It's more about work than skill

JIM CRESSMAN -- London Free Press

, Last Updated: 8:00 AM ET

BUFFALO -- Ken Hitchcock, like any NHL coach, demands perfection through hard work.

He was especially tough on Jeff Carter earlier this season and twice the 21-year-old rookie from London hit the wall mentally.

But there was a method to the madness and Carter sucked it up to develop into a bonafide NHLer with the Philadelphia Flyers.

"The demands that we placed on him were to work and to be tenacious," Hitchcock said yesterday before Carter played his second playoff game against the Buffalo Sabres.

"We know his skill level and we know what his top end is, but you've got to have a work ethic on a shift-by-shift basis to play in the National Hockey League, no matter what your skill is.

"So we were demanding of that with Jeff and he really started to respond right around Christmastime. He had a tough go of it for a little while and once he got through that, he was ready to go.

"When he started to respond with the work ethic, we started to accelerate his ice time and accelerate the accountability we thought he was capable of handling and now what you see is just a good National Hockey League player."

Carter, the Flyers' first-round pick, 11th overall, in 2003, scored 23 goals, but the stat that really jumps off the page is that seven were game-winners, tying him for the team lead and 11th in the league.

"Not only that, a lot are highlight-reel goals," Hitchcock said. "And there's very few players left in the National Hockey League that score from where he can -- top of the circle.

"That's a hard thing. It's the quick and accurate release and the goaltender's not ready for it. And the other thing is he can shoot through traffic. Most players shoot it and it bounces off shinpads or it goes wide.

"He can shoot it through the defender and be accurate enough to find a hole."

But Carter's initial task was to earn the coach's trust so he would get those opportunities to exhibit what he can do.

There were times when Carter wondered if that would happen, if the fifth fastest coach in NHL history to reach the 400-win plateau would gain confidence in him.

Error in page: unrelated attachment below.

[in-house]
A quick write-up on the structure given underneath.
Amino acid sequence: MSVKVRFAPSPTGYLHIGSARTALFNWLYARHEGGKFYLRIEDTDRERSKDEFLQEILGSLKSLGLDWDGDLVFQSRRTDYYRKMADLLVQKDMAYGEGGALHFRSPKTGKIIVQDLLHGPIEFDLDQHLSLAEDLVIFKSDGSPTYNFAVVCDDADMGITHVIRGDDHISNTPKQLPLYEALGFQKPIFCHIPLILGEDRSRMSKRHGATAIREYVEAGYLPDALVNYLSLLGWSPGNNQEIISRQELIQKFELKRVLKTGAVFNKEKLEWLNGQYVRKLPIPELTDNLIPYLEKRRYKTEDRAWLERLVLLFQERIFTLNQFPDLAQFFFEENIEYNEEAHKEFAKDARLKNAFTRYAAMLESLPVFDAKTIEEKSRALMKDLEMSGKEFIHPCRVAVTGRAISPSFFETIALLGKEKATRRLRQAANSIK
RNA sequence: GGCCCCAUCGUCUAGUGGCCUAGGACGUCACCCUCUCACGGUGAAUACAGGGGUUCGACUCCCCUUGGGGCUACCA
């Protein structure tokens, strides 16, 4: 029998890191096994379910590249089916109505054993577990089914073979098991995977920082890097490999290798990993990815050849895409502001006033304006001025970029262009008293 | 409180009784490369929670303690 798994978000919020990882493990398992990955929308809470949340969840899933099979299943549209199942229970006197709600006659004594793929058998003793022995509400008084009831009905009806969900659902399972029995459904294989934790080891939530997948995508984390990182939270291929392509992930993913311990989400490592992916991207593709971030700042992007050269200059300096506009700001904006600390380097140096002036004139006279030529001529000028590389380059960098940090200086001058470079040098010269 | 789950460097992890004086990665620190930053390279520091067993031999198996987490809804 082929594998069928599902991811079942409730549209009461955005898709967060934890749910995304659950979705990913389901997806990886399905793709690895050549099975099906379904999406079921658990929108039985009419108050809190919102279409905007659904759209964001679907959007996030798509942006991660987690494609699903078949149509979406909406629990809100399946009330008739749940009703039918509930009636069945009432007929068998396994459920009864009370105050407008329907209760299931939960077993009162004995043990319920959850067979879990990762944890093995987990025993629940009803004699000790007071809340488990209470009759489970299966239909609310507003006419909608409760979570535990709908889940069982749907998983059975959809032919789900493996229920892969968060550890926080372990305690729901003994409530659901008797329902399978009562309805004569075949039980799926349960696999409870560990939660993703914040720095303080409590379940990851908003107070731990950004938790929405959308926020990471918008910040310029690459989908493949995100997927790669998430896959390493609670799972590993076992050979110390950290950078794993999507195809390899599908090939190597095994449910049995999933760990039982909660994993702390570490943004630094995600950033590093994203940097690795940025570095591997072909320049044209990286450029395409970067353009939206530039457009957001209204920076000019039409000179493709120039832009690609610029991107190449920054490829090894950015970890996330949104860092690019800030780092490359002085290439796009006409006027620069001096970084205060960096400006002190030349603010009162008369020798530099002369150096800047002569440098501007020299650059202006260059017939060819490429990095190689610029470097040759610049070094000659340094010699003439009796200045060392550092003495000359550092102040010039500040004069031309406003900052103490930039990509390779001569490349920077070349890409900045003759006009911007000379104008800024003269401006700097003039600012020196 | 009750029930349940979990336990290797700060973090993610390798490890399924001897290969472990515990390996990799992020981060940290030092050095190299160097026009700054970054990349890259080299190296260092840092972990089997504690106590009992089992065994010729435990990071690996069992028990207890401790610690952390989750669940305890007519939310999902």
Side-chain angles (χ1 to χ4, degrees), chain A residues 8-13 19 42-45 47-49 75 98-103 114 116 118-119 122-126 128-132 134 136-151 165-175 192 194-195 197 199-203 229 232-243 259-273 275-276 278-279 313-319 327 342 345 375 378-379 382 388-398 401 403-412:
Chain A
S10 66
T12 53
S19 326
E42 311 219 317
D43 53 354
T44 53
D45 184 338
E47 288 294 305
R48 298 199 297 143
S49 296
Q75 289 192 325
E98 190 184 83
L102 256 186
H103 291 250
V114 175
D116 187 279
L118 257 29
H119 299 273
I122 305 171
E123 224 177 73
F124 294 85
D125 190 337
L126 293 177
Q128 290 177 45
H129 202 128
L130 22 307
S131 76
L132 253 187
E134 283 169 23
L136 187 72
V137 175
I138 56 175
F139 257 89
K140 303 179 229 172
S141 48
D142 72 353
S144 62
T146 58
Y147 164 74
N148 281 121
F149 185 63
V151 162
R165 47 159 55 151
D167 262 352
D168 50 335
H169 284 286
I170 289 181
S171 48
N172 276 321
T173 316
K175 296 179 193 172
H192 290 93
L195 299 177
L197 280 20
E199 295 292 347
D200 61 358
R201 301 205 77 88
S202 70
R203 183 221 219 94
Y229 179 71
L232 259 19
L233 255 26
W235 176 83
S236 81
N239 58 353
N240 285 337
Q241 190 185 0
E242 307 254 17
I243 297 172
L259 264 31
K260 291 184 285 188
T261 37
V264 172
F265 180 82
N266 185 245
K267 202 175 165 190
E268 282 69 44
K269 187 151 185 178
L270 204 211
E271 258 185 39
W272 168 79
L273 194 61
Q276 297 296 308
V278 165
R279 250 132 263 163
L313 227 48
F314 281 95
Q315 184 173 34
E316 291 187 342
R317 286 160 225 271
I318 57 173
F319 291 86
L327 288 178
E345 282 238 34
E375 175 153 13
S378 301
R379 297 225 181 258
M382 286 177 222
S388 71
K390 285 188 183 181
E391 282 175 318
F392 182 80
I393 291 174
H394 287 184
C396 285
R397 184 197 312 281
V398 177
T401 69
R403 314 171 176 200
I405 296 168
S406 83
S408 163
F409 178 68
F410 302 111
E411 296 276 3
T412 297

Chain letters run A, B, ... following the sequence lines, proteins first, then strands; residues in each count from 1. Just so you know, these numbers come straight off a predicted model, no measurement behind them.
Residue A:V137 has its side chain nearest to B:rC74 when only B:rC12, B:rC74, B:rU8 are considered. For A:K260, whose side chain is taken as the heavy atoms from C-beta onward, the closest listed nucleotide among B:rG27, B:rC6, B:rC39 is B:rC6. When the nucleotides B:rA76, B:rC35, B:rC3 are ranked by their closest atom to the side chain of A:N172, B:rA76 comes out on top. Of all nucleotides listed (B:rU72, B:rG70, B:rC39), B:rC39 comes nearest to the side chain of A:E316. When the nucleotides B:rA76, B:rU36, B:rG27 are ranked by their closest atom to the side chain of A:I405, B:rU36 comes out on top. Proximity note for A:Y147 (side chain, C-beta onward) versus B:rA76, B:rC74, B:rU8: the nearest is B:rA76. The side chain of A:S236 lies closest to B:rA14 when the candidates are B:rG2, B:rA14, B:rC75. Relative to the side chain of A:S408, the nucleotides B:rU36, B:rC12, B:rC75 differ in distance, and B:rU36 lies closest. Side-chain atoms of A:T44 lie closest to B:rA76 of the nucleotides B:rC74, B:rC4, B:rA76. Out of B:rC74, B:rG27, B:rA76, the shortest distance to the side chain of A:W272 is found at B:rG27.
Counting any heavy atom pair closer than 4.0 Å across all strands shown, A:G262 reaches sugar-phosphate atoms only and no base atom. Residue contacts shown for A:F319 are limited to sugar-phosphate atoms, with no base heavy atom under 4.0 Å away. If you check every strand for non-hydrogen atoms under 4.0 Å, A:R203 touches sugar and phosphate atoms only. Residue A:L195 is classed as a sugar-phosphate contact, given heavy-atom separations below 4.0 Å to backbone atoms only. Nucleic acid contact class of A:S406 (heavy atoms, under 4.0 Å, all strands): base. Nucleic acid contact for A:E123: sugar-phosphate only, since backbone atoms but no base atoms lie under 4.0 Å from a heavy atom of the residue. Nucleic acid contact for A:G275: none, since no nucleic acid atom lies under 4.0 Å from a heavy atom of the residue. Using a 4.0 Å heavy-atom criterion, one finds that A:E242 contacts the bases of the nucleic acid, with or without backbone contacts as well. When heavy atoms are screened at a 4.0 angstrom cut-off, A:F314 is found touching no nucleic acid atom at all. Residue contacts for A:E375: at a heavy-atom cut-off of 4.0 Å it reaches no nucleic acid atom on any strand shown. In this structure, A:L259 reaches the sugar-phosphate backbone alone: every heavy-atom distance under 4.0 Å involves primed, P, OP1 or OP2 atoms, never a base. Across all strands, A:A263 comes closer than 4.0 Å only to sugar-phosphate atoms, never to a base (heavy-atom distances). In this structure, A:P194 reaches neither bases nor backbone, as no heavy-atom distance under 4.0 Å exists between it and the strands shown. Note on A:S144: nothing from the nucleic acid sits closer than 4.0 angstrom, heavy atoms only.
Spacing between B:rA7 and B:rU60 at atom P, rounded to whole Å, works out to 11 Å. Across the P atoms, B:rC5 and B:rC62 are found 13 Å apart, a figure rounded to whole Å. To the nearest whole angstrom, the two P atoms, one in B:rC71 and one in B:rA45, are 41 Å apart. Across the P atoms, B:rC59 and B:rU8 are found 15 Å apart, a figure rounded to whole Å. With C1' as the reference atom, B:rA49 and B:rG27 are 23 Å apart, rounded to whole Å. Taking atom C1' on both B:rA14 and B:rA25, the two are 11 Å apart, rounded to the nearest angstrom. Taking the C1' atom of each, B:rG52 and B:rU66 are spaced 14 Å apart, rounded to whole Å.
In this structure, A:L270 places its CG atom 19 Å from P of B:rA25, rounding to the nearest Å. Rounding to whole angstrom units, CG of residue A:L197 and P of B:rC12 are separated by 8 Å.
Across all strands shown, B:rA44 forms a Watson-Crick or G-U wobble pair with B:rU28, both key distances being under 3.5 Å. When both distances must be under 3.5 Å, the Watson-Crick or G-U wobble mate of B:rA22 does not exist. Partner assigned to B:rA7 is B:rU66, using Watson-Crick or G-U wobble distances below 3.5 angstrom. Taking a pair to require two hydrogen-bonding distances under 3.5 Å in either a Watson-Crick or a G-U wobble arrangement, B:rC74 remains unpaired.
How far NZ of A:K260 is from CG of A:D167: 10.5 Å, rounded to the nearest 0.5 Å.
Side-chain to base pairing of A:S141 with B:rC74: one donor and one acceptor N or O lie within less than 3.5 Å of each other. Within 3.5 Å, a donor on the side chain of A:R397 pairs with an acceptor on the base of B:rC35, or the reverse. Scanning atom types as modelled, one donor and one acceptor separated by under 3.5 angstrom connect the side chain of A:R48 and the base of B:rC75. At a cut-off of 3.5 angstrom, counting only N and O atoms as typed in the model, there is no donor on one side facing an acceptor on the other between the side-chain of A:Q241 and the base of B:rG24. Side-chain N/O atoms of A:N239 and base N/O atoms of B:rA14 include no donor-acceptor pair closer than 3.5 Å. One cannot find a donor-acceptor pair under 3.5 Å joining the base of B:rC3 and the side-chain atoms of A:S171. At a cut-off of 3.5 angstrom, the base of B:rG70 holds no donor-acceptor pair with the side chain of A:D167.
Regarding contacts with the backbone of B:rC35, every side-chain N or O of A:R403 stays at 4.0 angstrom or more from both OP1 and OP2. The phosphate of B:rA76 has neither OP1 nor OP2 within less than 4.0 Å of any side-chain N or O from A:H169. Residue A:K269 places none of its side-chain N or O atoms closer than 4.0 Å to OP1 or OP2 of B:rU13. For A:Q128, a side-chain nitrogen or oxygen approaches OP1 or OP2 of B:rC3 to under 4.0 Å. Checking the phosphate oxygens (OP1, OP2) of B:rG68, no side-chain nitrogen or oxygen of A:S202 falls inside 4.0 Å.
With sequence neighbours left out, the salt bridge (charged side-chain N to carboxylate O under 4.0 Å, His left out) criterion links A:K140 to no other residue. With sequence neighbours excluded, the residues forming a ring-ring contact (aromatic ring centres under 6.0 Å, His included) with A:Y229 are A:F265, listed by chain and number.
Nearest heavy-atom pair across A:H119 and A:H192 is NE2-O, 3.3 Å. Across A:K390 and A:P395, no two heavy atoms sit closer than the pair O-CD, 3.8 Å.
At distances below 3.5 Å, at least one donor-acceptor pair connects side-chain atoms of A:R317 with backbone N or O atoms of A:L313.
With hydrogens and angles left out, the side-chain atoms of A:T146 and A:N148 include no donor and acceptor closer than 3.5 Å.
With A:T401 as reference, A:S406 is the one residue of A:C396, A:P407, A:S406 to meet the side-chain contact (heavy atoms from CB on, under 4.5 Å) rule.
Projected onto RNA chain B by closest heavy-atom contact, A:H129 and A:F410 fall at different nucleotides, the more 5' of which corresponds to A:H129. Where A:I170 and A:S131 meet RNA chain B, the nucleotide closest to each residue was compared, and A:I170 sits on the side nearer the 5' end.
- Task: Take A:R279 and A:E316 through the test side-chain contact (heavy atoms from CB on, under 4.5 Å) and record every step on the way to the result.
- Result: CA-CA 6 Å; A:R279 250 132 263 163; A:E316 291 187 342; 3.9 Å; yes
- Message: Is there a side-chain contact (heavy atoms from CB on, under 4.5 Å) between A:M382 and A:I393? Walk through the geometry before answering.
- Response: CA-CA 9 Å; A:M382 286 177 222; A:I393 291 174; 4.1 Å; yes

"Once you get down on yourself, it's pretty hard to get out of it. But there's always guys looking to take your job, so you've got to keep on rolling with it," Carter said of his approach.

He can smile now.

"This definitely hasn't been a normal season. I never really played with a set line, but (that trust) comes with a lot of hard work. It's definitely been a learning experience."

He's on a line with rookie R.J. Umberger and Niko Dimitrakos, who the Flyers got March 9 from San Jose.

Umberger scored 20 goals, marking the first time in Flyers history they've had two rookies with 20 goals.

Carter is proud of his seven game-winners because it shows Hitchcock "gave us more opportunity to be out at the end of the game. The coach has trust in us to be out there and they're obviously looking for us to put pucks in the net."

Hitchcock reiterated how important it was for Carter to develop an NHL work ethic after playing with the OHL's Soo Greyhounds.

"No matter how many times you talk to a junior kid, until they have to go through it, they don't understand it," said Hitchcock, who coached in the Western league before coming to the NHL.

"The difference between a good NHL player and a player who's a journeyman or who can't make it, is strictly, in a lot of cases, work ethic.

"What we've tried to instil in Jeff is that no matter what his skill level, you can't rely on that when you get here. You have to have an everyday work ethic and he's really developed that and really responded the way we anticipated he would.

"Look, we count on him big-time and that's a compliment to him. That's not to put pressure on him, but he responded in the right way.

"And that's what coaching is at this level. It's not about the mistakes a player makes, it's about the work ethic because you know when you have a player at this level that has a really good work ethic, the mistakes get eliminated.

"And that's sometimes the confusion with young players. They think the coach is on them for the mistakes. It's about coming to work every day, it's coming to be a responsible player every day.

"Once they understand that, there's that freedom in their mind that they know what to expect."


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